And if you want a more detailed discussion of my experience at VP, and the costs associated with it, here are my Reflections on the Workshop Experience: Viable Paradise.

And since I’m planning on working as staff again this year, I hope to see you there in the fall!

Running a Little Late This Week

Hi Folks – My apologies, even though we’re only two days in, this has already become One of Those Weeks. As a result, I think I’m going to have skip this week’s post with a return to my regular Tuesday schedule next week. Sorry about this, but even this brief missive is up later than I would like, and everything else is just piling up behind it. With any luck, I’ll have some more interesting thoughts for you on Tuesday.

Until then, here’s a very thought-provoking essay I came across the other day: Foz Meadows on A Rule of Thumb for Escapism.

Speculative Fiction 2012: The Best Online Reviews, Essays & Commentary Now Available

So here’s a bit of really cool news: today marks the pub date for Speculative Fiction 2012: The Best Online Reviews, Essays and Commentary, edited by Justin Landon of Staffer’s Book Review and Jared Shurin of Pornokitsch.

This is awesome because it marks the first (to the best of my knowledge) curated collection of online critical discussion about science fiction, fantasy, and horror. As a work of critical scholarship, and as a snapshot of influential voices in the field, it is a significant work featuring over fifty essays by writers from multiple perspectives and backgrounds. The authors included (I’m one of them, so perhaps I’m biased) are an impressive roster of genre creators, analysts, and reviewers:

  • Abigail Nussbaum
  • Adam Roberts
  • Aidan Moher
  • Elizabeth Bear
  • Paul Kincaid
  • Rose Lemberg
  • Ana Grilo and Thea James
  • Kameron Hurley
  • Kate Elliott
  • N.K. Jemisin
  • Chris Garcia
  • Foz Meadows
  • Christopher Priest
  • …and many more!

My own essay on “The Circus as a Fantastic Device” is included as well, in case you haven’t seen that one yet. So far I’m only about a third of the way through my contributor’s copy, and I am duly impressed by the quality of the commentary and analysis this collection contains.

If you want a print copy, they are available from Amazon for $11.99 (£8.99 in the UK) here: Speculative Fiction 2012: The Best Online Reviews, Essays and Commentary

If you want a digital copy, unfortunately Amazon seems to have messed up the eBook files so you’ll have to wait until May 2nd…but that’s only a short week away! (NOTE: It is worth mentioning that buying a copy helps a good cause: proceeds from sales of this collection will go to support Room to Read, an organization dedicated to improving global child literacy and gender equality in education.)

Incidentally, on May 2nd, there will also be a Reddit AMA featuring the editors of SpecFic 2012, along with some of the contributors. I don’t yet have all of the details of that AMA, but as soon as I do, I’ll let you know. Hope to see you there!

‘Tis the Season: What Good are the Hugos?

Saturday’s announcement of the 2013 Hugo Award nominees has done what it always does: On the one hand, nominees and their friends were (justifiably) pleased, happy, and excited to be so honored. On the other hand, certain corners of the community were dejected, dissatisfied, and frustrated by the nominated works individually and the system which nominated them collectively. This is a cycle that we repeat every year and for just about every major award the field confers. It is not a debate limited to the Hugo Awards, nor to the Nebulas, nor to the BSFAs, nor to the Clarke Award. It is part of a perpetual cycle of community introspection and cultural validation.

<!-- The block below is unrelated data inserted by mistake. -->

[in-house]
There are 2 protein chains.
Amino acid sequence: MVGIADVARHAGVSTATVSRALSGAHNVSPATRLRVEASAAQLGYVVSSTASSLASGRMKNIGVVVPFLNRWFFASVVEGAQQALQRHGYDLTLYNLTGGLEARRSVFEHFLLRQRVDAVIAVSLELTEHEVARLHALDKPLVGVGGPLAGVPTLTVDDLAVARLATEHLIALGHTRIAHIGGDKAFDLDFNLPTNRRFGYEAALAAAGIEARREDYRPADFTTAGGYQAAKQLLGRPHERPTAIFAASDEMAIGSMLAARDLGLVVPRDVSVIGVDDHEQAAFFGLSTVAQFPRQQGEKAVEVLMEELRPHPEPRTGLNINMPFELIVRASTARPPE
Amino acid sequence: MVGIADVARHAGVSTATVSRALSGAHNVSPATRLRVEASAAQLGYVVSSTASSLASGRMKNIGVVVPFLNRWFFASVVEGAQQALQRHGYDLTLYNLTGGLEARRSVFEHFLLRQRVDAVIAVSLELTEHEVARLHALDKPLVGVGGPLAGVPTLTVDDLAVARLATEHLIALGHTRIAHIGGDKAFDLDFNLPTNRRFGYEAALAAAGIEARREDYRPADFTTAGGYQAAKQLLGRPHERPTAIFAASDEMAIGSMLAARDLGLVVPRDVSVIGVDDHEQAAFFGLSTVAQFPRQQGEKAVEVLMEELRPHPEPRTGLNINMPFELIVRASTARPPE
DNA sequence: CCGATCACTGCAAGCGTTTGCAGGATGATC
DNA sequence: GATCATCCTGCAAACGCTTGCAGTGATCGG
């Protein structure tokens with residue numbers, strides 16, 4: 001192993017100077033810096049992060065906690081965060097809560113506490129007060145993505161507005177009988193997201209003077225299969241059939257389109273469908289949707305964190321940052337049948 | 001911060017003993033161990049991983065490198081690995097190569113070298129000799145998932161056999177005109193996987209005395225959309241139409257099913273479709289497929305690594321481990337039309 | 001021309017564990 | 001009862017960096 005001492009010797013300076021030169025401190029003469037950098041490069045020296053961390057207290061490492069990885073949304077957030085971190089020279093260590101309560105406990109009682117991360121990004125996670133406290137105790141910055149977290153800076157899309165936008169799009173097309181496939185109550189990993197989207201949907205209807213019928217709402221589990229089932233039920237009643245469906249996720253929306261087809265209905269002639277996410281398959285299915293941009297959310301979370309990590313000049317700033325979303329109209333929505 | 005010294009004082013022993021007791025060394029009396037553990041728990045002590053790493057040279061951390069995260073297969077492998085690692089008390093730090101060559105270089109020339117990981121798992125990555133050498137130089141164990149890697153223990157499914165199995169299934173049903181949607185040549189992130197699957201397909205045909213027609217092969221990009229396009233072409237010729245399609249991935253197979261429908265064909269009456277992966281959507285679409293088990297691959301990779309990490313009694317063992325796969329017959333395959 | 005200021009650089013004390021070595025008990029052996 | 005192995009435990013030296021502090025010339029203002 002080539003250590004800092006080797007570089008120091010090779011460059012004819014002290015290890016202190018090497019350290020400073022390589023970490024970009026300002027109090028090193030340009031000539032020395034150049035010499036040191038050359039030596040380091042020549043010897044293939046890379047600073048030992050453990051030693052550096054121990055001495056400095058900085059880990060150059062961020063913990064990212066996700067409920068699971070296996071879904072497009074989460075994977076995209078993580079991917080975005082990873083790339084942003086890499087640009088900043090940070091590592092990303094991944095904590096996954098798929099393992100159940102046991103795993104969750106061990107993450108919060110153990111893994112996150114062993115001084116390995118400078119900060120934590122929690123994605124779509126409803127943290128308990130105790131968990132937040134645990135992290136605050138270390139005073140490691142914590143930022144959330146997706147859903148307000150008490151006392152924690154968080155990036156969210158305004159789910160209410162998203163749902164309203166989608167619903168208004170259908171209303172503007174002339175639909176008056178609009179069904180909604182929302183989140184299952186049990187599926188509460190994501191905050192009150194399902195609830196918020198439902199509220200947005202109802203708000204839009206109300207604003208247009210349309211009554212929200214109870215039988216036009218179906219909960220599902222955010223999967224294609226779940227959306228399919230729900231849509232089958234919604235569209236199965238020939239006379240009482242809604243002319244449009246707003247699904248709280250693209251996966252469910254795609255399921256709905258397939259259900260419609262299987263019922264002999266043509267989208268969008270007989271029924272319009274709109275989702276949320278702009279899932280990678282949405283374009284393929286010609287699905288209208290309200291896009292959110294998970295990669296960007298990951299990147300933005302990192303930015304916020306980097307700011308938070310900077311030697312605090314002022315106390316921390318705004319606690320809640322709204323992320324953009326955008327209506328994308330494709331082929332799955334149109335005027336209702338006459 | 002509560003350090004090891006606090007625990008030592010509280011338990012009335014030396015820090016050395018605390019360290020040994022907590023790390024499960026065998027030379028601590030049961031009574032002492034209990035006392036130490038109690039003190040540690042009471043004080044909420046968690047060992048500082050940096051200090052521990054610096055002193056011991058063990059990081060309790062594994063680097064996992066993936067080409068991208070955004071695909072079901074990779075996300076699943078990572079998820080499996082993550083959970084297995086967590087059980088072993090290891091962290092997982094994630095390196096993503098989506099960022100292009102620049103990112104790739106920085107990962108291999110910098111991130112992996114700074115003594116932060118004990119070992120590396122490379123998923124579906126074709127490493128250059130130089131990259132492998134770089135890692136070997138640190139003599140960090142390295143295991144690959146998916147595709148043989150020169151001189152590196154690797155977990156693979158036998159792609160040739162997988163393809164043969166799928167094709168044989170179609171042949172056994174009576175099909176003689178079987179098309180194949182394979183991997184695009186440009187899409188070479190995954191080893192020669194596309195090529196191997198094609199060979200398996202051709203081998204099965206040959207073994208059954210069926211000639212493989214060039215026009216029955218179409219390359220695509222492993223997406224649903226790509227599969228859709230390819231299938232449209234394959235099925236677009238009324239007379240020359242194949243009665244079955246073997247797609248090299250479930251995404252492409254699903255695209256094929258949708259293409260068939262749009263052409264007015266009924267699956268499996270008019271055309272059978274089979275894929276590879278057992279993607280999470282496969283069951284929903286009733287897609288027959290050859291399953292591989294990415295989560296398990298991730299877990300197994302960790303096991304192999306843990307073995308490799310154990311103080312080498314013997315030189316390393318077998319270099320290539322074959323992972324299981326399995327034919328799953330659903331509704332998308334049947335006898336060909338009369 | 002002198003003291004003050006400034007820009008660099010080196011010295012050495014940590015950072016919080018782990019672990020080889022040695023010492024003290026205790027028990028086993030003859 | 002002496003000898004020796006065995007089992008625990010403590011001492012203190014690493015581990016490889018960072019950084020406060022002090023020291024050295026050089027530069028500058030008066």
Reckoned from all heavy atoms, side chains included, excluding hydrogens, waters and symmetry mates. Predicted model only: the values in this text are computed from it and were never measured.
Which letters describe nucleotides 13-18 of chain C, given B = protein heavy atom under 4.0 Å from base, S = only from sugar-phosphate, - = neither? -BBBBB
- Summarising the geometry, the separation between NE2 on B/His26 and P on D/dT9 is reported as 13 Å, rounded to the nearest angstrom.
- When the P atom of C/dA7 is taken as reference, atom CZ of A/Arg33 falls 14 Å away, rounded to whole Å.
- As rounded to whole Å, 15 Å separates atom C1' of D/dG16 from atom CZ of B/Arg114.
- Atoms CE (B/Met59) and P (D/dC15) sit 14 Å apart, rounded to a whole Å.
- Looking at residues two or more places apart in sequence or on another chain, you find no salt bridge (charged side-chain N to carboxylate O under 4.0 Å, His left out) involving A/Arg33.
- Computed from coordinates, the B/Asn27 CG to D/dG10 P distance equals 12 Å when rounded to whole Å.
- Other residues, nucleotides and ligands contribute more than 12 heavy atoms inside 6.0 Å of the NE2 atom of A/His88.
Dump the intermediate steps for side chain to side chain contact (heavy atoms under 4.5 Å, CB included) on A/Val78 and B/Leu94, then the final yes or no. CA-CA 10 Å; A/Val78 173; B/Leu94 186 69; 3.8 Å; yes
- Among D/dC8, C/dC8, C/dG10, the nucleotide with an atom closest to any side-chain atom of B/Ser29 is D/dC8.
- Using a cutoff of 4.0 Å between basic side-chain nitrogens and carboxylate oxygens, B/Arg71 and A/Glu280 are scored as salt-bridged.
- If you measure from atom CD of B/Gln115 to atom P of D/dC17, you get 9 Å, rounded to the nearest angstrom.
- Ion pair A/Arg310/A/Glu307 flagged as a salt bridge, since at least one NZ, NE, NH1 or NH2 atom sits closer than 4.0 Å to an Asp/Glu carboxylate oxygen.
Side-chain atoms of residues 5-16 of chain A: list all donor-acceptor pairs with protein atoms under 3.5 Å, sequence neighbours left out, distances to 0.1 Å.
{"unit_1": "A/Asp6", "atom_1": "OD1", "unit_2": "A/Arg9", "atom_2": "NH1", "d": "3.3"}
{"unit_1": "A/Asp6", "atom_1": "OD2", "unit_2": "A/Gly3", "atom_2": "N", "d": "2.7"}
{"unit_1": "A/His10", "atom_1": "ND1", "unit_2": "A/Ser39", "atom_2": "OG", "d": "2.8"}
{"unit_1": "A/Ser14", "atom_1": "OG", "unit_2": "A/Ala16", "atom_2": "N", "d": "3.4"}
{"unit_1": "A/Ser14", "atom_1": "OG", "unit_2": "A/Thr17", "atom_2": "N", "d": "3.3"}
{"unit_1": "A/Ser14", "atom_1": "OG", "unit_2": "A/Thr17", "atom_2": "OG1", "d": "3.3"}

On the Award Season Cycle

As I wrote last year, the disagreements produced by such awards are healthy for the field and for the community. Though the discussions seem repetitive, by constantly worrying at the bias demonstrated in nominees, by re-examining the processes through which works get nominated, and by criticizing the factions and reasoning for/against a particular title, we are all inching our community forward (or at least two steps forward and one step back).

One can wonder, for example, whether the increased frequency of female nominees on the Hugo slate is a result of previous year’s complaints, or whether it is merely a reflection of changing values/mores amongst Hugo voters. It’s a Zen koan-like question, and one which I think is ultimately unanswerable. Whatever the “truth”, I will cheer the Hugos’ increased inclusiveness regardless, while simultaneously lamenting that that they are not yet inclusive enough. I am confident that in time we will see still more diverse lineups, and maybe even (gasp) nominees who don’t come from a Judeo-Christian/English-oriented background. Every chance I get, I will wish for that and I will speak out for that. But I recognize that such change will take both time, and an exploration of how the Hugo procedures either inhibit or promote such inclusiveness.

The Unanswered Questions in this Year’s Discussion

This year’s paroxysms of disgruntlement, particularly the essays written by Justin Landon at Staffer’s Book Review and Aidan Moher at A Dribble of Ink, make me wonder about a more fundamental, heretofore unstated question: what good are the Hugo Awards? What is their purpose? What role(s) do they serve?